Soon to be followed by Vacuous Access™, which is just a void where an idea might someday reside. But you could be there first!
Joking aside for a moment, “Early Access” has a serious branding problem at this point that Valve needs to find a way to work around. Let’s face it, this whole concept of “give us your money and THEN we’ll finish our game” isn’t going to go away any time soon.
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And that’s not the end of the world; there are a lot of benefits to that game development approach. From indie studios that need the cash flow to operate to getting direct feedback from players before code is set in stone, there is an upside to “play as we develop.” And let’s not anyone forget: it’s entirely up to us as the consumers to decide not to purchase an unfinished game if we’re not comfortable with it. It’s our responsibility to remember that we are forking over our cash for the product we receive in that moment, not for the promise of what we hope to receive down the road.
But with that said, I think we need more information if we’re going to make informed decisions. And that responsibility lies with Valve.
Right now the term “Early Access” leaves a bad taste in everyone’s mouth, because for every game in Early Access that launches playable, progresses, and maybe even officially releases, there are a dozen that feel like grab and dash with the cash operations. Some of that may be unavoidable, but Valve could insist on some more transparency from these developers, right?
Are you an actual studio of designers working to see your project through to completion via defined work schedule? Or are you a college student with an experimental game project that you will work on “when time allows?” That’s not to say only “real studios” deserve to put games up, but it might help manage expectations if we know more about who is making our games.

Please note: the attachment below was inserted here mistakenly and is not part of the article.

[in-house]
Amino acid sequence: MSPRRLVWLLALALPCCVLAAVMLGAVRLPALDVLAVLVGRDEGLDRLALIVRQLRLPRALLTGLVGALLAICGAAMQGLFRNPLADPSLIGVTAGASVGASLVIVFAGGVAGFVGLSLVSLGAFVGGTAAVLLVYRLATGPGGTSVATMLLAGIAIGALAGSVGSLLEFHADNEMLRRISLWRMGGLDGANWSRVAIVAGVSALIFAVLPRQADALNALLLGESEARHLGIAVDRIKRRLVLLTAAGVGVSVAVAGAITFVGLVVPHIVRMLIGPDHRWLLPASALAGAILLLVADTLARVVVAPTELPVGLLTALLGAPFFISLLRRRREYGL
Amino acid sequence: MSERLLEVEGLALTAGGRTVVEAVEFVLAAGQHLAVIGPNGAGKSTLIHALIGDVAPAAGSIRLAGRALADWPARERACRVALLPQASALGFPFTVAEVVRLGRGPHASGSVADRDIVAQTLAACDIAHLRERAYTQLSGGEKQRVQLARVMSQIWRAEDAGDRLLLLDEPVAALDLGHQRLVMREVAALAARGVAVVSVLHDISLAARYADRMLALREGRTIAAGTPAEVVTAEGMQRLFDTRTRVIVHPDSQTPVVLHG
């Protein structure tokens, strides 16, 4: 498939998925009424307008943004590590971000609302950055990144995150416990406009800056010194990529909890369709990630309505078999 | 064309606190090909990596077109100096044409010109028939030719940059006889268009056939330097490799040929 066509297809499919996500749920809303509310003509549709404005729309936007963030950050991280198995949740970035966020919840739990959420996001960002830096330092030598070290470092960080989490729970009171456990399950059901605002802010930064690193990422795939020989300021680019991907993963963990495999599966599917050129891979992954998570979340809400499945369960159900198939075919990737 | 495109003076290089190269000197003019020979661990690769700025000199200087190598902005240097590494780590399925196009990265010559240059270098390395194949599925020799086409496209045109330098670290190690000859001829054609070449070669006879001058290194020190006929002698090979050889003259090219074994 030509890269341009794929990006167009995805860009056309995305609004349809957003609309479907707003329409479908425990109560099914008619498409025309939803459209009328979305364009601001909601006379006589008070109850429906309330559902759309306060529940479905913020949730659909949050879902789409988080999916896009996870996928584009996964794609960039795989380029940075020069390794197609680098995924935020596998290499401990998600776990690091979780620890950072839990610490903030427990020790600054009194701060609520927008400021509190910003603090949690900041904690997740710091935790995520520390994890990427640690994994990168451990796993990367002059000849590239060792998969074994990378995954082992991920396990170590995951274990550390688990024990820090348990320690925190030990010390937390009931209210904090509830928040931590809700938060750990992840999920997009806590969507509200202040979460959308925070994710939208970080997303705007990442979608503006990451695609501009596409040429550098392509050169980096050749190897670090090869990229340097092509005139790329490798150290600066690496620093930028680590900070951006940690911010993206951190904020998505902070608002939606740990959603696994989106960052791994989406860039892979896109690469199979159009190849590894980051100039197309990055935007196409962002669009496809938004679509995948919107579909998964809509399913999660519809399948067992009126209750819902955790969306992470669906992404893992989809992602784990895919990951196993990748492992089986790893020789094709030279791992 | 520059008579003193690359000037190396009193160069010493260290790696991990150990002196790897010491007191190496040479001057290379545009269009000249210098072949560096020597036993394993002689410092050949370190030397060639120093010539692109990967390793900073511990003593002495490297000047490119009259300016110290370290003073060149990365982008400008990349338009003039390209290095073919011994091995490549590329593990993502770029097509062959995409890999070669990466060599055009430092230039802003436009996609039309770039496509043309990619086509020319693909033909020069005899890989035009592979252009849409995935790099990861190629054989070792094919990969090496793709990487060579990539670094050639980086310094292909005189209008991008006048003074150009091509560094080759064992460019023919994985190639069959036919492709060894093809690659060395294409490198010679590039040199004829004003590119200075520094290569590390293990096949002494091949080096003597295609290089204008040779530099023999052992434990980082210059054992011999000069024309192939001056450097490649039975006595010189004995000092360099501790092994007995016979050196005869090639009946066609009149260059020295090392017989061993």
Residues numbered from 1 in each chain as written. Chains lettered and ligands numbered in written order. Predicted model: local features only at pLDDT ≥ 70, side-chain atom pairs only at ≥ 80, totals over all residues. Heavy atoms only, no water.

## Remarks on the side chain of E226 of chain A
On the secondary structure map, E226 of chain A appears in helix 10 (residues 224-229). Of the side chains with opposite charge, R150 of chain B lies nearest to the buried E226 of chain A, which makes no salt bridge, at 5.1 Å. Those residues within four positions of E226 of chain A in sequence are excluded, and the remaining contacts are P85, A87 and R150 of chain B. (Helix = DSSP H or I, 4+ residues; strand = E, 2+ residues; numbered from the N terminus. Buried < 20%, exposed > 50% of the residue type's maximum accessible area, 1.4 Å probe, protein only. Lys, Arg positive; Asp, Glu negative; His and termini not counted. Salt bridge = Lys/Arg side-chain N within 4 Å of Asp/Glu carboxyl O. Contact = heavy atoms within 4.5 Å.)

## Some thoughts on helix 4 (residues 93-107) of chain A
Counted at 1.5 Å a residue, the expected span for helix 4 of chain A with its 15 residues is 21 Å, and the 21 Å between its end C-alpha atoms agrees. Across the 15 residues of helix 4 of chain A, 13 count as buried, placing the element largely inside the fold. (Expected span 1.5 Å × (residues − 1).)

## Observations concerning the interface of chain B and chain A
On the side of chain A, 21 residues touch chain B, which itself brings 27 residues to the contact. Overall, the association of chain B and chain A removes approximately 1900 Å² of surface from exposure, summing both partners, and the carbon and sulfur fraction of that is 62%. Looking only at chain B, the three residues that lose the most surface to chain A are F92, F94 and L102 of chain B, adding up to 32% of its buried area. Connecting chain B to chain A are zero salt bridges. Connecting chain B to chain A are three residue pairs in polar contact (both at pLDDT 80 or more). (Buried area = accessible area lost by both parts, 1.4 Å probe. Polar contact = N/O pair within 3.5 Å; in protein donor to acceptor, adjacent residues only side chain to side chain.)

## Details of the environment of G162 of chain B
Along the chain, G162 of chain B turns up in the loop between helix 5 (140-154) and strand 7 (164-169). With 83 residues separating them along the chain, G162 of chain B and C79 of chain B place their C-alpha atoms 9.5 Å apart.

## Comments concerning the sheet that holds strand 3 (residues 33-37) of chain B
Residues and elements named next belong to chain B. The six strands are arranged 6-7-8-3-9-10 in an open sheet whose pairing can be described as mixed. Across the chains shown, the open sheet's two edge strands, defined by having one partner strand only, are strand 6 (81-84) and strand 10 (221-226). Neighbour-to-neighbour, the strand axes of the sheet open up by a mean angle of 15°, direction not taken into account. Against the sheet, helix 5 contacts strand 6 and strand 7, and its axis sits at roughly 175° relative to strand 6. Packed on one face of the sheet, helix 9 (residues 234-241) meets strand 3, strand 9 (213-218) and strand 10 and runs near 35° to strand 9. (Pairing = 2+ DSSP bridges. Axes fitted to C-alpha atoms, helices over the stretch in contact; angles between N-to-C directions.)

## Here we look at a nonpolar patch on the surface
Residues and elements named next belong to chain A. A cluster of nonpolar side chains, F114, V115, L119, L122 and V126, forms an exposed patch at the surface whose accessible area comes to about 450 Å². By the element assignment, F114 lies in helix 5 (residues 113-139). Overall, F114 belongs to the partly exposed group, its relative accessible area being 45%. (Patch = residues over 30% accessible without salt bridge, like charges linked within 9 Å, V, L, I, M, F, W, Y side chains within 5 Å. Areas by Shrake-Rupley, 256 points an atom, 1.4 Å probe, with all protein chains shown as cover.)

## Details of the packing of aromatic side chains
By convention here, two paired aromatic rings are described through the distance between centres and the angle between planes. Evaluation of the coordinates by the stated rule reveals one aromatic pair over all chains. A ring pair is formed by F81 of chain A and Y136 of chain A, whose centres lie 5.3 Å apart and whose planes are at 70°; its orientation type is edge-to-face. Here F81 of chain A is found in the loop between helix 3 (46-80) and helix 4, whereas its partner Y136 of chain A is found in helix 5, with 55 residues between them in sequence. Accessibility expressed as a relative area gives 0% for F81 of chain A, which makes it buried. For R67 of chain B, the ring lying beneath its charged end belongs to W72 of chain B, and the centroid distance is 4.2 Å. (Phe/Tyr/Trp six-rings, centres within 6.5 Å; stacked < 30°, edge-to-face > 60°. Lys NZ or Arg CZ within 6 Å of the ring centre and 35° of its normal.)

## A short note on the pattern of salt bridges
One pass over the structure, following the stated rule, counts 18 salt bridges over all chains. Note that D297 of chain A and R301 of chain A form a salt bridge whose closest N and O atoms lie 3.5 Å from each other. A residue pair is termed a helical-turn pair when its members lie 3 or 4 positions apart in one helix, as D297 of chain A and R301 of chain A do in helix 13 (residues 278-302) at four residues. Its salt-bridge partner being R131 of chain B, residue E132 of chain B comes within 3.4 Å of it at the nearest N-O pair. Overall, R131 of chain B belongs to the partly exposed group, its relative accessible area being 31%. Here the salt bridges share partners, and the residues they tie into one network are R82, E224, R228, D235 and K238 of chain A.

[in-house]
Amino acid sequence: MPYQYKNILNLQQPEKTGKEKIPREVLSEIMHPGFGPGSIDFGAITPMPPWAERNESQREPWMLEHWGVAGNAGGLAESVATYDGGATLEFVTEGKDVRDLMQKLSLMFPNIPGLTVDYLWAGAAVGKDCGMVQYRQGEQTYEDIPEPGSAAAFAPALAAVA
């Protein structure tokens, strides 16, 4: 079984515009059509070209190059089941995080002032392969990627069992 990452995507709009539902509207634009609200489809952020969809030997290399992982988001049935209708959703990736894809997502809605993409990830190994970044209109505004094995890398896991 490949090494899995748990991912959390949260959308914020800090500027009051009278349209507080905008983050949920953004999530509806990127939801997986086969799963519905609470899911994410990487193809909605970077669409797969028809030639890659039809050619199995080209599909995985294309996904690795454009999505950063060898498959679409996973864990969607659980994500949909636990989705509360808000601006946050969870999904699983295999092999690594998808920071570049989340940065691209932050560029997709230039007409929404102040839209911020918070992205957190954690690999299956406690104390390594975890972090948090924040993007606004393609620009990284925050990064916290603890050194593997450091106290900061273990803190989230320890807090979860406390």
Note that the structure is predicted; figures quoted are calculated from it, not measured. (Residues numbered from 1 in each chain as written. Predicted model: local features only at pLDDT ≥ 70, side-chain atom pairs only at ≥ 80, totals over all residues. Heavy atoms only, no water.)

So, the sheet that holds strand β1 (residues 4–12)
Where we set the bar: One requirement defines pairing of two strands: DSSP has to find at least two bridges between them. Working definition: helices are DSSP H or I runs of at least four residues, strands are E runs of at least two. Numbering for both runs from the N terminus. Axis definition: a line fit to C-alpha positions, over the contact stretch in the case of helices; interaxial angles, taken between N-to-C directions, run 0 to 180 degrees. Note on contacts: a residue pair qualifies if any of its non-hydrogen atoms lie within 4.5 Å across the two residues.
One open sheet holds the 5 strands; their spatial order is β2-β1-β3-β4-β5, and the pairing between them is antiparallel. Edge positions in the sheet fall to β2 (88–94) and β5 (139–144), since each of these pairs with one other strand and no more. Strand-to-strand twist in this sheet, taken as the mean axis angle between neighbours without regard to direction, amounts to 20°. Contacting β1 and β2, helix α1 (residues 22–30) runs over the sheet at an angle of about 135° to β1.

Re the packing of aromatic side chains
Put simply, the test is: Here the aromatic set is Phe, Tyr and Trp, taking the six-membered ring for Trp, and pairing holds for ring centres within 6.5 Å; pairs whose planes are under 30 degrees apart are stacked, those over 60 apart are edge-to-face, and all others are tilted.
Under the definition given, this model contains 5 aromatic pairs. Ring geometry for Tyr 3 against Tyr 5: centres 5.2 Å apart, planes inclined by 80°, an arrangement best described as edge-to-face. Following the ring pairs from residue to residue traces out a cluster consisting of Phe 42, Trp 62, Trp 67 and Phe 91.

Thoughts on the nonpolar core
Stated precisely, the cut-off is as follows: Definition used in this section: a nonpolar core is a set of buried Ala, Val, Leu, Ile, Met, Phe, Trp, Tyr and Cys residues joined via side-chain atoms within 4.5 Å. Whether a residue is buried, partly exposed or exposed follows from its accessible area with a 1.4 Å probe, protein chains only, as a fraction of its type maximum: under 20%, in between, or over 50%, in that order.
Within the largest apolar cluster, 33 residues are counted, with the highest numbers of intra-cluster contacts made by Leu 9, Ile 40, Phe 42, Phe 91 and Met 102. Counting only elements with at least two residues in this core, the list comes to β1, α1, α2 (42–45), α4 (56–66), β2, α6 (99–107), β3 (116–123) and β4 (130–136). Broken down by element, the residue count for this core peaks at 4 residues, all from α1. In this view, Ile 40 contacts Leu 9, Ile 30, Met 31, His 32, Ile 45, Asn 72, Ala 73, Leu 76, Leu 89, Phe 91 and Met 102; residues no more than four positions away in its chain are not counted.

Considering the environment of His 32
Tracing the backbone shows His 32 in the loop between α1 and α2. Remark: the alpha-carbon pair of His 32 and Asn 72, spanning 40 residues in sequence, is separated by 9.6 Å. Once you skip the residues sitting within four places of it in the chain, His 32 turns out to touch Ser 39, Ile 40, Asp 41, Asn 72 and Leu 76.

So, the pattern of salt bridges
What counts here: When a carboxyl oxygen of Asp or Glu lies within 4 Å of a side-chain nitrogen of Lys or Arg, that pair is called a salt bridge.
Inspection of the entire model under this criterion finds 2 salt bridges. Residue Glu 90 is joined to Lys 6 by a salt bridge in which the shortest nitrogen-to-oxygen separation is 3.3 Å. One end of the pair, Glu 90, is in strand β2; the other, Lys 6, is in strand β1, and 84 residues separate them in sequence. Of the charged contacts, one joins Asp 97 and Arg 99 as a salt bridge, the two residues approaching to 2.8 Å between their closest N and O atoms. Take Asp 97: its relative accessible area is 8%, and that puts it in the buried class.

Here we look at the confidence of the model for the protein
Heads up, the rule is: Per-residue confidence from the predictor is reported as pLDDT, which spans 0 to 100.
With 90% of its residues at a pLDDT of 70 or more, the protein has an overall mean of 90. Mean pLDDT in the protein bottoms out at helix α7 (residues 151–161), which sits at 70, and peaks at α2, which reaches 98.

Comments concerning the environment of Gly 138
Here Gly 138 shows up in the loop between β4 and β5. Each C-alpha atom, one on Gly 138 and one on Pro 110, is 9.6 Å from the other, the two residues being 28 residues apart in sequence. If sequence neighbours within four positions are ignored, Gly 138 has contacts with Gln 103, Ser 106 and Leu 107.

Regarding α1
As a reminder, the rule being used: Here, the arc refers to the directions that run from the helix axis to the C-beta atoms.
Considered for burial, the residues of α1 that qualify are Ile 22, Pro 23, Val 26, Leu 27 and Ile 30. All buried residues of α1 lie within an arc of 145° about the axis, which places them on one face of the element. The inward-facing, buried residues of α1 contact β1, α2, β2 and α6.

I think Early Access developers should have to post a development schedule. I mean all game studios come up with a schedule, and order in which they’ll work on things and when they think they’ll complete it. If Early Access developers are asking for our money for an unfinished product, perhaps we should expect at least that level of forethought from them. And then, if they meet or miss their milestones, people would have some metric by which to gauge how the development of the game is proceeding.
It might force the developer to be realistic with themselves about a timeline, and also further manage gamer expectations.
Whatever the solution may be, if this is going to be our new normal, some granularity may be in order. Some games are clearly working towards a defined “finished” state, whereas others are the sorts of games that will always evolve and change which makes it near impossible to decide where “finished” actually lies. And still even other games are clearly ‘flash-in-the-pan’ fads, meant to capitalize on some fun gimmick or game play element and burn bright, make some cash, be easy to stream for some laughs and then fade away.
Assigning them all the catch-all phrase “Early Access” sours the term for everyone because it loses all meaning. Or takes on an unintended one.
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